Voice from the North resurrects the forgotten historical memory of the people and region in late Choson Korea while also enriching the social history of the country. Sun Joo Kim accomplishes this by examining the life and work of Yi Sihang, a historically obscure person from a hinterland in Korea's northwestern region who was also a member of the literati. Unlike many of his contemporaries, Yi Sihang left numerous writings on his region's history and culture, and on the political and social discrimination that he and others in his region faced from the central elite.
This work explores a regional history and culture through the frames of microhistory and historical memory. Kim criticizes the historiographical problem of "otherizing" the northern region and fills a gap in Korean historiography—the lack of historical study of the northern region from a regional perspective, P'yongan Province in particular. The biographical format of this work engages readers in the investigation of a person's life within the changing world of his time and also creates a space where private and public intersect. Kim places Yi Sihang at the center of the historical stage while describing, analyzing, and reconstructing the world around him through his life story.
About the author
Sun Joo Kim is Harvard-Yenching Professor of Korean History in the Department of East Asian Languages and Civilizations, and Director of Korea Institute, Harvard University.
"With admirable dexterity, Kim presents her case of how Yi Sihang successfully resurrected the ethos of his homeland in defiance of the prejudice and discrimination heaped on it by the elites in the capital. A work of careful scholarship, this book is based on exhaustive and meticulous research. Especially noteworthy is Kim's skillful use of a variety of primary sources. Though relatively short, this book is full of useful information on many aspects of the political and social dynamics of late Choson Korea. In addition to regional issues, Kim gives us a good account and a thoughtful analysis of the factional politics of the time. Comparative perspectives from Chinese and European experiences that the author injects are also meaningful and instructive. A work of solid scholarship, this book opens a new dimension in our understanding of the issue of the center versus the periphery in Choson Korea."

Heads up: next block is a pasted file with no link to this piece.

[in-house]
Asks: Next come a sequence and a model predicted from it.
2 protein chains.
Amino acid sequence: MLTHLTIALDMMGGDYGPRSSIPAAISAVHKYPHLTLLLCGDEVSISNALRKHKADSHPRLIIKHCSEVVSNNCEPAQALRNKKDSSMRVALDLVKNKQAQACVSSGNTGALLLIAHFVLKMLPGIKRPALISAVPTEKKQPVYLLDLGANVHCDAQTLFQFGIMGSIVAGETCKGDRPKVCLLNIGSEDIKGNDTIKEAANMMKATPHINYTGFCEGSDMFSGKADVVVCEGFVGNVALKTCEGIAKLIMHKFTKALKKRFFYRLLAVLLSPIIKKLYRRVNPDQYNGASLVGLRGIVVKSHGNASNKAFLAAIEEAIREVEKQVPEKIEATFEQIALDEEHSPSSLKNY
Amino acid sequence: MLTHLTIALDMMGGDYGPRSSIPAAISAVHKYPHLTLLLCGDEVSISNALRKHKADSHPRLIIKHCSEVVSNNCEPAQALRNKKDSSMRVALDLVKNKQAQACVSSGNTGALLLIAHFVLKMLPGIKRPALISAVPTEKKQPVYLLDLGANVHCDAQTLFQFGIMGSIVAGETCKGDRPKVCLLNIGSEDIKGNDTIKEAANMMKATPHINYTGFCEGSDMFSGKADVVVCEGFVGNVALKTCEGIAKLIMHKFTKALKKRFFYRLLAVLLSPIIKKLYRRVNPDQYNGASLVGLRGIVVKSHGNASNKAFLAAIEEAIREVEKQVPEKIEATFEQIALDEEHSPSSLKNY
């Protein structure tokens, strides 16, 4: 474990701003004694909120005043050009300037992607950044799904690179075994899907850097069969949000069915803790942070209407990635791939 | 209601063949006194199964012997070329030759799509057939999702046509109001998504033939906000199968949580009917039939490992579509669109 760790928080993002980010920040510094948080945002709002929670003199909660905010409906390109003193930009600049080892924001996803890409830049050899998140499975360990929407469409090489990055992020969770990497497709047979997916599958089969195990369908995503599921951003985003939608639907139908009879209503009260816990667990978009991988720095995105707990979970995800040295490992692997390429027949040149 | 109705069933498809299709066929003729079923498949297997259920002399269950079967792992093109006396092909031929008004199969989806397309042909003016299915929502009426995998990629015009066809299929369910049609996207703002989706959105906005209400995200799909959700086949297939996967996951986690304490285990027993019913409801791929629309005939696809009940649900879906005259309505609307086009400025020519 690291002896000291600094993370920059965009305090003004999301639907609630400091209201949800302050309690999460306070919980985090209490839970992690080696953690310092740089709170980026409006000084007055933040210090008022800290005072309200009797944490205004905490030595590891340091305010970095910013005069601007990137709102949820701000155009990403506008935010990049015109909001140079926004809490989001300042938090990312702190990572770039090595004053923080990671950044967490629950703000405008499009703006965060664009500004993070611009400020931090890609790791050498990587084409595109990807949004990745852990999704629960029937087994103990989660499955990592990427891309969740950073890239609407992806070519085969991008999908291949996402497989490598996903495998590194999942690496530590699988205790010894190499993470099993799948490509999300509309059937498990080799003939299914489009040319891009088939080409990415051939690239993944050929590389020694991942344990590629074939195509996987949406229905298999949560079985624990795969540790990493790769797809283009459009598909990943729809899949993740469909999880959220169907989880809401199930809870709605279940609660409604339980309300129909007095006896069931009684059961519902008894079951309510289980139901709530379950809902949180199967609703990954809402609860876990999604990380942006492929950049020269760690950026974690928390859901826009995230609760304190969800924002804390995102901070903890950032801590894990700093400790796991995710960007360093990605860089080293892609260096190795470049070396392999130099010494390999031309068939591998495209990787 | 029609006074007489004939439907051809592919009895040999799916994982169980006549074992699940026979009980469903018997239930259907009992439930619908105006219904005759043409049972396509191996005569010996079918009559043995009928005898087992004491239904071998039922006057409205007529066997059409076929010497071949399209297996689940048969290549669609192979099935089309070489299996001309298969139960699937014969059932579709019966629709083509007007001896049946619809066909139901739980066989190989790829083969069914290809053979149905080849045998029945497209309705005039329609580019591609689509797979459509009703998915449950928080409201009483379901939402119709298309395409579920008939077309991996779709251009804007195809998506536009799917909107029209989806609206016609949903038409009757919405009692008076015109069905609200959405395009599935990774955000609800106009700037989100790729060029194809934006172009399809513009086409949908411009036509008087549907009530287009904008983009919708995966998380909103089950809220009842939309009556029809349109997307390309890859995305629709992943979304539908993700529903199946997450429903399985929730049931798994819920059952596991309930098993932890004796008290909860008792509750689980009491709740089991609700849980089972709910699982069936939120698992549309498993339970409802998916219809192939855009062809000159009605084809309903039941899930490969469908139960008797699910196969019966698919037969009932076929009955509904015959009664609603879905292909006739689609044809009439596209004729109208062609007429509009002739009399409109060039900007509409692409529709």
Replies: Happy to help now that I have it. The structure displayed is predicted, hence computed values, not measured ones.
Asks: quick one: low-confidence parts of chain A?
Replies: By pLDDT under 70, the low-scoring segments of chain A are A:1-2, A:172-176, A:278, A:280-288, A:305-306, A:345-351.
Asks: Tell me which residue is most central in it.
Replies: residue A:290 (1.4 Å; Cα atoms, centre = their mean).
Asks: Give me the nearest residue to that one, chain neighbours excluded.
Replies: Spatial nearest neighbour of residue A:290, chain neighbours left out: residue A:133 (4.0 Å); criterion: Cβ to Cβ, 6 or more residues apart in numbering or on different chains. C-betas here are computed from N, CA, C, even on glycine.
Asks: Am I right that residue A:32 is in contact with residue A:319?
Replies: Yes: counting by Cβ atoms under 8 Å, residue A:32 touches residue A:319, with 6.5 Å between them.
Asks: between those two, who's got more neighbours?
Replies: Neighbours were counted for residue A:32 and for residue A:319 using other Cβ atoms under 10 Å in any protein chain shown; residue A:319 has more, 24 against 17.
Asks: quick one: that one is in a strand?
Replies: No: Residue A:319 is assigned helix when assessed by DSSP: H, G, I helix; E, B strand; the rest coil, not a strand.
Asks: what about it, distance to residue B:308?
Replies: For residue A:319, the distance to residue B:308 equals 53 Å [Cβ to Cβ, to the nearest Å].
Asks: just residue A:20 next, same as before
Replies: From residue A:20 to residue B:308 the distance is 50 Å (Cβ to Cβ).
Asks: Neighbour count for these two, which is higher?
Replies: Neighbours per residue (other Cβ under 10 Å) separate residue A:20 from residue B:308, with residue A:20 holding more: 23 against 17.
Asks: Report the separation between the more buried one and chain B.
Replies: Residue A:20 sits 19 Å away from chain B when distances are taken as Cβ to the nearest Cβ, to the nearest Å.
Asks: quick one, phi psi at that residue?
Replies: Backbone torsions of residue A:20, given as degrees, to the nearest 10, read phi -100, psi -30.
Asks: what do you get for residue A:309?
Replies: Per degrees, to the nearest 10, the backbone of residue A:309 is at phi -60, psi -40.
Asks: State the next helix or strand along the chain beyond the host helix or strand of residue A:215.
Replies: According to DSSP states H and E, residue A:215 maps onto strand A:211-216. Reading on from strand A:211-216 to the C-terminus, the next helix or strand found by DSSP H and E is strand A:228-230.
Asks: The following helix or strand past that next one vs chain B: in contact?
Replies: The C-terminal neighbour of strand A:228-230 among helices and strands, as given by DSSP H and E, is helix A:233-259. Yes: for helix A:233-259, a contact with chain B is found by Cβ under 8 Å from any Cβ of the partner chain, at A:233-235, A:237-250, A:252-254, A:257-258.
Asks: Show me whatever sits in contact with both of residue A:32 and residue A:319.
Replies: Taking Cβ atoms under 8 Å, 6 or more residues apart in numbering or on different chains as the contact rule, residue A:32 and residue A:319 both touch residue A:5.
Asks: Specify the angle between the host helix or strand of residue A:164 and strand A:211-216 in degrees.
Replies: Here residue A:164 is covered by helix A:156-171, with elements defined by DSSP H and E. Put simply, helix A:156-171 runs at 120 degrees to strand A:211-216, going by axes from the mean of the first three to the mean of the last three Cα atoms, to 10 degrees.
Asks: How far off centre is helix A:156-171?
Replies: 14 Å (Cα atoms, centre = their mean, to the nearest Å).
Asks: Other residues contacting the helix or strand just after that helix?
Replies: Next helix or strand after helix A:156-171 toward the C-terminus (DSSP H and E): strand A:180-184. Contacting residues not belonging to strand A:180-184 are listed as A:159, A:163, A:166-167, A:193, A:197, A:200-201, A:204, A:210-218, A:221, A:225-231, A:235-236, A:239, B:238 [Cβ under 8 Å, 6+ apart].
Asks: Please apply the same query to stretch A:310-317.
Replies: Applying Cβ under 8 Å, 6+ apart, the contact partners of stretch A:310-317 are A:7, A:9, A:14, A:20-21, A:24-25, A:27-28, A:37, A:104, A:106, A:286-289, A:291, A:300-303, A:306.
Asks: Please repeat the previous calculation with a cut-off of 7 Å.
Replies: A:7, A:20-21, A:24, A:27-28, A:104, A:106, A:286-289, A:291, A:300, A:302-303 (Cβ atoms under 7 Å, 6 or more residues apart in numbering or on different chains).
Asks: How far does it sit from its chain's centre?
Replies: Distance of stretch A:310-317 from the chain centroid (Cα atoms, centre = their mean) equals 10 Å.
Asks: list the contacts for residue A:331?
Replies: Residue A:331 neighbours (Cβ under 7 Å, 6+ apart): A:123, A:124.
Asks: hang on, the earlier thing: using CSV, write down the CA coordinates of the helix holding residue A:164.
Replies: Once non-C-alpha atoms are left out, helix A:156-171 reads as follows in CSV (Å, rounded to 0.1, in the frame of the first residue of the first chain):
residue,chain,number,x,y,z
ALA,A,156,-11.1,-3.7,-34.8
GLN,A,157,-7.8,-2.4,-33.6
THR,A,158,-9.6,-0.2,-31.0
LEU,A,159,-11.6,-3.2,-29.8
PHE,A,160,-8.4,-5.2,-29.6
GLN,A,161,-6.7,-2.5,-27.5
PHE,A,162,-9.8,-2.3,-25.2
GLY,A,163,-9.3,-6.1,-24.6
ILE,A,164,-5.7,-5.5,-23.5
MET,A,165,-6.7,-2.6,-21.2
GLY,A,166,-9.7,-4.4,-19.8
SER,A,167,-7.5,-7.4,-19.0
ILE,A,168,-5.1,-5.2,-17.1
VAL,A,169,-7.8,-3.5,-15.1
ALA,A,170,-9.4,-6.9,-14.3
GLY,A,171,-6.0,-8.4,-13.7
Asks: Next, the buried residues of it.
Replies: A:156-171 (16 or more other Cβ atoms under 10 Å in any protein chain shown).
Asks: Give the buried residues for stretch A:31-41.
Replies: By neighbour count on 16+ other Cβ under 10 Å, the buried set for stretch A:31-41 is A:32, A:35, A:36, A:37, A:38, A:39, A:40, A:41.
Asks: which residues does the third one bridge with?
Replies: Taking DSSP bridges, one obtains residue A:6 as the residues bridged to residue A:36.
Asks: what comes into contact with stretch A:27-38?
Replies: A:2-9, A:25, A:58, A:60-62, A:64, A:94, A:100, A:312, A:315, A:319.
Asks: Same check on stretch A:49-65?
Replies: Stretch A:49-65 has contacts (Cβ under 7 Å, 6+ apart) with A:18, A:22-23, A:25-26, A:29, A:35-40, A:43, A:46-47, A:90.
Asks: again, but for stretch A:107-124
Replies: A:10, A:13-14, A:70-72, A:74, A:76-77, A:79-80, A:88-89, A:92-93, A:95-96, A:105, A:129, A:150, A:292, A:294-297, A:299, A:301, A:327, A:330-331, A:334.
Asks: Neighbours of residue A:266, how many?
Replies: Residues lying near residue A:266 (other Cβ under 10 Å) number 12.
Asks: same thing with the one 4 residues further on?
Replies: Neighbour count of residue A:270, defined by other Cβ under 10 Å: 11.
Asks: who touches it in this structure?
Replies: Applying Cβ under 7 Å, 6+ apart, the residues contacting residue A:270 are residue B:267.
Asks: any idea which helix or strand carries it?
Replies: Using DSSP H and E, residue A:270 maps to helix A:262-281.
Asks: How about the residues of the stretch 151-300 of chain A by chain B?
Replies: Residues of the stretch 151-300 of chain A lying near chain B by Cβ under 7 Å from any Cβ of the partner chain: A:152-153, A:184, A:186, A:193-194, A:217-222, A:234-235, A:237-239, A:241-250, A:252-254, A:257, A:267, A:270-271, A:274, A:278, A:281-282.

—Yong-Ho Ch'oe, American Historical Review
"Voice from the North is much more than merely a study of a single figure. It provides important resources and background on the social, political, economic, and international conditions of mid-Chosŏn history impossible to find in English language scholarship . . . To me, the superb quality of her writing style, the intricate weaving of her arguments, and the meticulous depth and breadth of her research are all the justification she needs to demonstrate that 'the microhistorical investigation of a person' matters. Voice from the North is an important addition to Korean historiography . . . Graduate students working in Korean and East Asian history must read it. The monograph will also be of interest to historians of China, Japan, and those outside East Asian Studies, especially those who do similar work in microhistory."
—George Kallander, Journal of Northeast Asian History
"Sun Joo Kim issues a powerful challenge to the focus on the Seoul elite that dominates most academic discussions of Korea's history. Directing our scholarly glaze toward the neglected north, she invites us to rethink the relationship between the center and the periphery during the Chosŏn dynasty."
—Donald Baker, University of British Columbia
"Sun Joo Kim's fine new book opens a window on a subject rarely treated in English: regional discrimination against northerners in Korea during the Chosŏn period, and the acute consciousness that historians in North Korea have about it today. Kim adds so much to our understanding of the distinctly Korean and regional heritage that rests at the foundation of this regime. She also teases out the 'amnesia' about the northern region on the part of historians of pre-modern Korea, which is both a traditional predilection and something reinforced by the division of the country. This widely-researched book is essential reading for anyone trying to understand Korea's pronounced history of regionalism."
—Bruce Cumings, University of Chicago, author of Korea's Place in the Sun: A Modern History